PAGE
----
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manner1

[man-er]
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noun
  1. a way of doing, being done, or happening; mode of action, occurrence, etc.: I don't like the manner in which he complained.
  2. manners,
    1. the prevailing customs, ways of living, and habits of a people, class, period, etc.; mores: The novels of Jane Austen are concerned with the manners of her time.
    2. ways of behaving with reference to polite standards; social comportment: That child has good manners.
  3. a person's outward bearing; way of speaking to and treating others: She has a charming manner.
  4. characteristic or customary way of doing, making, saying, etc.: houses built in the 19th-century manner.
  5. air of distinction: That old gentleman had quite a manner.
  6. (used with a singular or plural verb) kind; sort: What manner of man is he? All manner of things were happening.
  7. characteristic style in art, literature, or the like: verses in the manner of Spenser.
  8. Obsolete.
    1. nature; character.
    2. guise; fashion.
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Idioms
  1. by all manner of means, by all means; certainly.
  2. by no manner of means, under no circumstances; by no means; certainly not: She was by no manner of means a frivolous person.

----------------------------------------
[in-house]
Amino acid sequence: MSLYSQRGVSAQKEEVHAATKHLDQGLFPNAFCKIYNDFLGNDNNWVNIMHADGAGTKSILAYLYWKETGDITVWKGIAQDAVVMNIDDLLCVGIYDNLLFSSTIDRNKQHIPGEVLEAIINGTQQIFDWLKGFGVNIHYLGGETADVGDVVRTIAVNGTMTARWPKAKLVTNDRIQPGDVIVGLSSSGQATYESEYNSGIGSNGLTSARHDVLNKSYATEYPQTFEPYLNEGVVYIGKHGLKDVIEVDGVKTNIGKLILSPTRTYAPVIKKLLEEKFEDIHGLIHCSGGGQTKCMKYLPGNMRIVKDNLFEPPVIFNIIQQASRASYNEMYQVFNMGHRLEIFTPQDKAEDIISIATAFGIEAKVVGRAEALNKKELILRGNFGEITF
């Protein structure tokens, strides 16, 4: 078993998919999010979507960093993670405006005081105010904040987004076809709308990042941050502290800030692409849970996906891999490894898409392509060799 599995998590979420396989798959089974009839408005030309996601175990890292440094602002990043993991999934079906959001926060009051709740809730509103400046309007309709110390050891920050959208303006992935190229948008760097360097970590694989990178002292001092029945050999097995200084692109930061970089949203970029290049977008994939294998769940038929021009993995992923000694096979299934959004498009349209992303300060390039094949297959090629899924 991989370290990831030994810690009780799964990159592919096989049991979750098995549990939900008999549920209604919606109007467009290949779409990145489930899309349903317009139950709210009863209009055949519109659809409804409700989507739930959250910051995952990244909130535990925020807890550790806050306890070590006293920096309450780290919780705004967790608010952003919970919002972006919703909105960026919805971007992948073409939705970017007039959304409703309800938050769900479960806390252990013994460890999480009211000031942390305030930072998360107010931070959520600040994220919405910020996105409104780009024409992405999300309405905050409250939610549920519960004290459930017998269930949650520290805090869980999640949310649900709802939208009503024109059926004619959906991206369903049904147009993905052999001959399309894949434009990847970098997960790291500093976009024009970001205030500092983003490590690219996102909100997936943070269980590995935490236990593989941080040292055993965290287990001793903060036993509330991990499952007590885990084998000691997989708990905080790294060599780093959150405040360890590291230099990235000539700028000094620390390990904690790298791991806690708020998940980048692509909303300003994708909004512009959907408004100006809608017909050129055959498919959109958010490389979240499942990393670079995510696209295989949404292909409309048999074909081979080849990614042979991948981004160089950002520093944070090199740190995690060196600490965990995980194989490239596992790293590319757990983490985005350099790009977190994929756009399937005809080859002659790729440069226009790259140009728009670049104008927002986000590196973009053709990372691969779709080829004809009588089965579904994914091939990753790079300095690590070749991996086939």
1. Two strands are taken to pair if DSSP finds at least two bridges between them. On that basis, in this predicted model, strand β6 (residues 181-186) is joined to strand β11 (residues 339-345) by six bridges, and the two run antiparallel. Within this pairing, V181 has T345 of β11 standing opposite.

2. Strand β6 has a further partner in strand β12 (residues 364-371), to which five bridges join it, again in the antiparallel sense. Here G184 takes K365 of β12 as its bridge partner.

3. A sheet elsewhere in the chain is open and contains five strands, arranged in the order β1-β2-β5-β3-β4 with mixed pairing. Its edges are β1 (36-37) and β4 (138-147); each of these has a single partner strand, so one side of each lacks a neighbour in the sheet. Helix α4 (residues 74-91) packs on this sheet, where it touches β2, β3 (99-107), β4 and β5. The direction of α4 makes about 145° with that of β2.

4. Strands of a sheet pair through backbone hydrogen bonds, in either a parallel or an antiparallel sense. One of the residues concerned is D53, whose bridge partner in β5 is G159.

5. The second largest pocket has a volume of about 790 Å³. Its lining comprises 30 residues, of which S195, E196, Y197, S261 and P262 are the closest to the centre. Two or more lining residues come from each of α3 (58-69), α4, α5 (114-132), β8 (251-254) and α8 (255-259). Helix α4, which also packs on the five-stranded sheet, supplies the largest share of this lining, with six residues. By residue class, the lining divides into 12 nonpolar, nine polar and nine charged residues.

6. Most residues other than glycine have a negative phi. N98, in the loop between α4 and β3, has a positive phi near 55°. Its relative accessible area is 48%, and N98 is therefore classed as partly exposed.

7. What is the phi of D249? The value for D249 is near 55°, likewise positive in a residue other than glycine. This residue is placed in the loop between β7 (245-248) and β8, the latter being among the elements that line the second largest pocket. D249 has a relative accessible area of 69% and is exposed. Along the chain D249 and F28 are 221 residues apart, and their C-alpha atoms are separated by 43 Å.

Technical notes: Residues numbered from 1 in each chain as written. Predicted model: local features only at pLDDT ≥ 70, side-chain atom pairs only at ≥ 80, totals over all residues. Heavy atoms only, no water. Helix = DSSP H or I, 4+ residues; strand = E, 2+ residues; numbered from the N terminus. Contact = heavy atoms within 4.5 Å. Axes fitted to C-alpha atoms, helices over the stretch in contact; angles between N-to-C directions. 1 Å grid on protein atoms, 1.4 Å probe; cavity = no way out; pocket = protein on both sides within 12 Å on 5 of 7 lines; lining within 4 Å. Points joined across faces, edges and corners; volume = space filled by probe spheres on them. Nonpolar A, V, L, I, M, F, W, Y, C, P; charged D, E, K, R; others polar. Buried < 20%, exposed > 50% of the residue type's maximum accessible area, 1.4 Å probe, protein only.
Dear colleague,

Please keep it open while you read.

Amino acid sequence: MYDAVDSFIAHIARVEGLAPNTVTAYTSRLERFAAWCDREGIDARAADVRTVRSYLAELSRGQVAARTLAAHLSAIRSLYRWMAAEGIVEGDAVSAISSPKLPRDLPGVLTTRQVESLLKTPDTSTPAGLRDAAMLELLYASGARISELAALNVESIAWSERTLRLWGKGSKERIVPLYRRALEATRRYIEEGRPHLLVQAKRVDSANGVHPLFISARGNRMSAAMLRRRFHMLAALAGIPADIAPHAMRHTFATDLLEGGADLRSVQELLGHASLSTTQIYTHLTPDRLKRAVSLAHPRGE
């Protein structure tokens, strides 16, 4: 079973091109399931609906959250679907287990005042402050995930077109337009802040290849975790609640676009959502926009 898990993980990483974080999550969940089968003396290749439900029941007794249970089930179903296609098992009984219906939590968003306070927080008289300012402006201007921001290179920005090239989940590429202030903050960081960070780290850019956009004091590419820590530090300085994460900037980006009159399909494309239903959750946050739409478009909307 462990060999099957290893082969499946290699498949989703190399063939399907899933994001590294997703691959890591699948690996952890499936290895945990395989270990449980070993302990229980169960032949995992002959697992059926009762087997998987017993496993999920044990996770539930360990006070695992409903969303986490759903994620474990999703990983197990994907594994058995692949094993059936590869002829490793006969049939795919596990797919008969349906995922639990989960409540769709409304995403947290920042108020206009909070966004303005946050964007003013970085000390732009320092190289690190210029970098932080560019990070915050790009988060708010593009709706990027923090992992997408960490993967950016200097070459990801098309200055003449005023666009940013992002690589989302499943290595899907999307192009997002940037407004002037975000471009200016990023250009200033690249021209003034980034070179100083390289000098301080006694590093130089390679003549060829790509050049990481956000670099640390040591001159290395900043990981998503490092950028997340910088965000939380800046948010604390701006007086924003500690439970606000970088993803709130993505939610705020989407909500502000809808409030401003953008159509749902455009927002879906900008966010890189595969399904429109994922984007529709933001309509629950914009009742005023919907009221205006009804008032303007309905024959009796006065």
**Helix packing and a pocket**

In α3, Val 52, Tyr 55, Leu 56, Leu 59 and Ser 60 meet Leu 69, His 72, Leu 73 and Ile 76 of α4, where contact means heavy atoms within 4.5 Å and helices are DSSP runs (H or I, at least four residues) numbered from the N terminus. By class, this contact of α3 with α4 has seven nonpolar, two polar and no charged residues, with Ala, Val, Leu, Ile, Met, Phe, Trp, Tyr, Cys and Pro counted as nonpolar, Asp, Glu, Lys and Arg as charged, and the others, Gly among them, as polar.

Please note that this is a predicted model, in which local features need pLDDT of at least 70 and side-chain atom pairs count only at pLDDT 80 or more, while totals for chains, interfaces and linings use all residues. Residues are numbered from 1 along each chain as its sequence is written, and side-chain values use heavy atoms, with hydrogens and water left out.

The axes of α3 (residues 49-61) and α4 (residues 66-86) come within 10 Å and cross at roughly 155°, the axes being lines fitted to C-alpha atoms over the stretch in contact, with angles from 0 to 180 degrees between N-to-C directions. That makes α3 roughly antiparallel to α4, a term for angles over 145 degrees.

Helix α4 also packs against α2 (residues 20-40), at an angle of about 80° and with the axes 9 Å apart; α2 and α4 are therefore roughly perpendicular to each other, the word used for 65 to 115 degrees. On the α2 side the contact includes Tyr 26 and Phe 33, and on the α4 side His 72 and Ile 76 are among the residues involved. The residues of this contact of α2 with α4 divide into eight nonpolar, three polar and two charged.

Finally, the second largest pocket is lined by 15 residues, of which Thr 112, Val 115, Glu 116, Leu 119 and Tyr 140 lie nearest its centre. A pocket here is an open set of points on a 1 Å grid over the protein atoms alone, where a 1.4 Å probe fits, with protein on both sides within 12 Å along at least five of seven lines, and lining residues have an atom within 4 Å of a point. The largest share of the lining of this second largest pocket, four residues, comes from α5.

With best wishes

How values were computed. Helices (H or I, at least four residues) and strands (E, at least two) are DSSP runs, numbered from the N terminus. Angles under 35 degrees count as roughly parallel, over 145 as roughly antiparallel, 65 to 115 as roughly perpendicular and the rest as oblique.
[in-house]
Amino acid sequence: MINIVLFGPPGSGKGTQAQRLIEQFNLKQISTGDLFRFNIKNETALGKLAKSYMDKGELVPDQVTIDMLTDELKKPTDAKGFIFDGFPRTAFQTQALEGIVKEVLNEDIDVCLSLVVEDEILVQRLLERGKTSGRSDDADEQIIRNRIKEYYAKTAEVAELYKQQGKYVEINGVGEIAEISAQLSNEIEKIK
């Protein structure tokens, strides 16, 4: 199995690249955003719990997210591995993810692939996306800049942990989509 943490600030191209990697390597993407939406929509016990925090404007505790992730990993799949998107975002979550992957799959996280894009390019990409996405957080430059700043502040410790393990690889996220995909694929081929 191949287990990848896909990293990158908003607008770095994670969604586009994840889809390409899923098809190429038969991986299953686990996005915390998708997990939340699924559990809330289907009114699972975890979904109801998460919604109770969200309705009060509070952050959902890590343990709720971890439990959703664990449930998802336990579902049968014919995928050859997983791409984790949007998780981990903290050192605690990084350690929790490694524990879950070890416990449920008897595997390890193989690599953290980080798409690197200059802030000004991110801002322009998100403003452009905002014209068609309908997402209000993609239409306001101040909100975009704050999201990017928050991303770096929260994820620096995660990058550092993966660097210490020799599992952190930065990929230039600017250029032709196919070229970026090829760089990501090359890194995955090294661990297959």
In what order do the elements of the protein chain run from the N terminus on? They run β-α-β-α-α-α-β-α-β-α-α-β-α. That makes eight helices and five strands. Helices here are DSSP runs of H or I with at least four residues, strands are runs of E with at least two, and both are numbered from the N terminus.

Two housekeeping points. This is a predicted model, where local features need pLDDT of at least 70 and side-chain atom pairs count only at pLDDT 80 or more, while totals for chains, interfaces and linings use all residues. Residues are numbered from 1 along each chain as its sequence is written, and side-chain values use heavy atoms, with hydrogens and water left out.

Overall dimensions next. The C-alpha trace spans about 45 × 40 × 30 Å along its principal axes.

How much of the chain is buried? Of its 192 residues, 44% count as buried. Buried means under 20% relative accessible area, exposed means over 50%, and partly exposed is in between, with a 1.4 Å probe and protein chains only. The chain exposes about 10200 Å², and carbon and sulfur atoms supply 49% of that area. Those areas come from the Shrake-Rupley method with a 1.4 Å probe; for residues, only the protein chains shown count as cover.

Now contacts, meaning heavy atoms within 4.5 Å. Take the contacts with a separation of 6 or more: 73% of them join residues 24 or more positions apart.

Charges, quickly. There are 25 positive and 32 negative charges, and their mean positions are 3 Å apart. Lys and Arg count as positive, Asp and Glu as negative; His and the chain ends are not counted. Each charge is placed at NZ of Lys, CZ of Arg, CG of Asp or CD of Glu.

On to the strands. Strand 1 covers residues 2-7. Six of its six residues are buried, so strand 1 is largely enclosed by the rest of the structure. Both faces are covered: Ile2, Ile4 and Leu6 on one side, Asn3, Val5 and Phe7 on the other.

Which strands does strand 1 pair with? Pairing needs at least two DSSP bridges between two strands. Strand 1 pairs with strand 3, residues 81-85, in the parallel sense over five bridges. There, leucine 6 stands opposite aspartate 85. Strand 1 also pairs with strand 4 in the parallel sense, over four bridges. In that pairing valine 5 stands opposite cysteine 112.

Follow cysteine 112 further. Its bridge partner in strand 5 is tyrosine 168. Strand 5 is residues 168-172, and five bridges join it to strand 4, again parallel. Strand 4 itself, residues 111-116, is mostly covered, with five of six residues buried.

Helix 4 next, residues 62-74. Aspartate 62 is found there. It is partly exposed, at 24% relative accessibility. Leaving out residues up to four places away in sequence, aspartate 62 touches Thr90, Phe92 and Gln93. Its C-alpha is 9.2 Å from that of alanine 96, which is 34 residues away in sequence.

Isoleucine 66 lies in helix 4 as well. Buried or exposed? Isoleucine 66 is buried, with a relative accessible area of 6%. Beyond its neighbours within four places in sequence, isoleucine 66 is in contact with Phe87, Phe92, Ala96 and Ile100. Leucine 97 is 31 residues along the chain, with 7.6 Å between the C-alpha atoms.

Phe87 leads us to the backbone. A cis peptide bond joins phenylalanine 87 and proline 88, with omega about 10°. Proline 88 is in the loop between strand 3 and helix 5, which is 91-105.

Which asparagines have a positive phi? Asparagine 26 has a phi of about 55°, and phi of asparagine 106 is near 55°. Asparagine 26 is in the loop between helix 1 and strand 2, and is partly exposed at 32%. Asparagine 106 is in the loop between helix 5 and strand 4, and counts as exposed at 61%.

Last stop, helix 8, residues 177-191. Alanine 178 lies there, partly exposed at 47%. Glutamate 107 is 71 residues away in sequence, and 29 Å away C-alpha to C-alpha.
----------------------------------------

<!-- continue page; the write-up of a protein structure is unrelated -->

3. in a manner, so to speak; after a fashion; somewhat.
  4. in a manner of speaking, in a way; as it were; so to speak: We were, in a manner of speaking, babes in the woods.
  5. to the manner born,
    1. accustomed by birth to a high position: He was a gentleman to the manner born.
    2. used to a particular custom, activity, or role from birth.
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Origin of manner1

1125–75; Middle English manere < Anglo-French; Old French maniereVulgar Latin *manuāria, noun use of feminine of manuārius handy, convenient (Latin: of, pertaining to the hand). See manus, -er2
Can be confusedmanna manner manor

Synonyms

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1. method. 3. demeanor, deportment. Manner, air, bearing all refer to one's outward aspect or behavior. Manner applies to a distinctive mode of behavior, or social attitude toward others, etc.: a gracious manner. Air applies to outward appearance insofar as this is distinctive or indicative: an air of martyrdom. Airs imply affectation: to put on airs. Bearing applies especially to carriage: a noble bearing. 4. mode, fashion, style; habit, custom.

manner2

[man-er]
noun Old English Law.
  1. mainour.
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Dictionary.com Unabridged Based on the Random House Unabridged Dictionary, © Random House, Inc. 2018


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British Dictionary definitions for manners

manners

pl n
  1. social conducthe has the manners of a pig
  2. a socially acceptable way of behaving
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manner

noun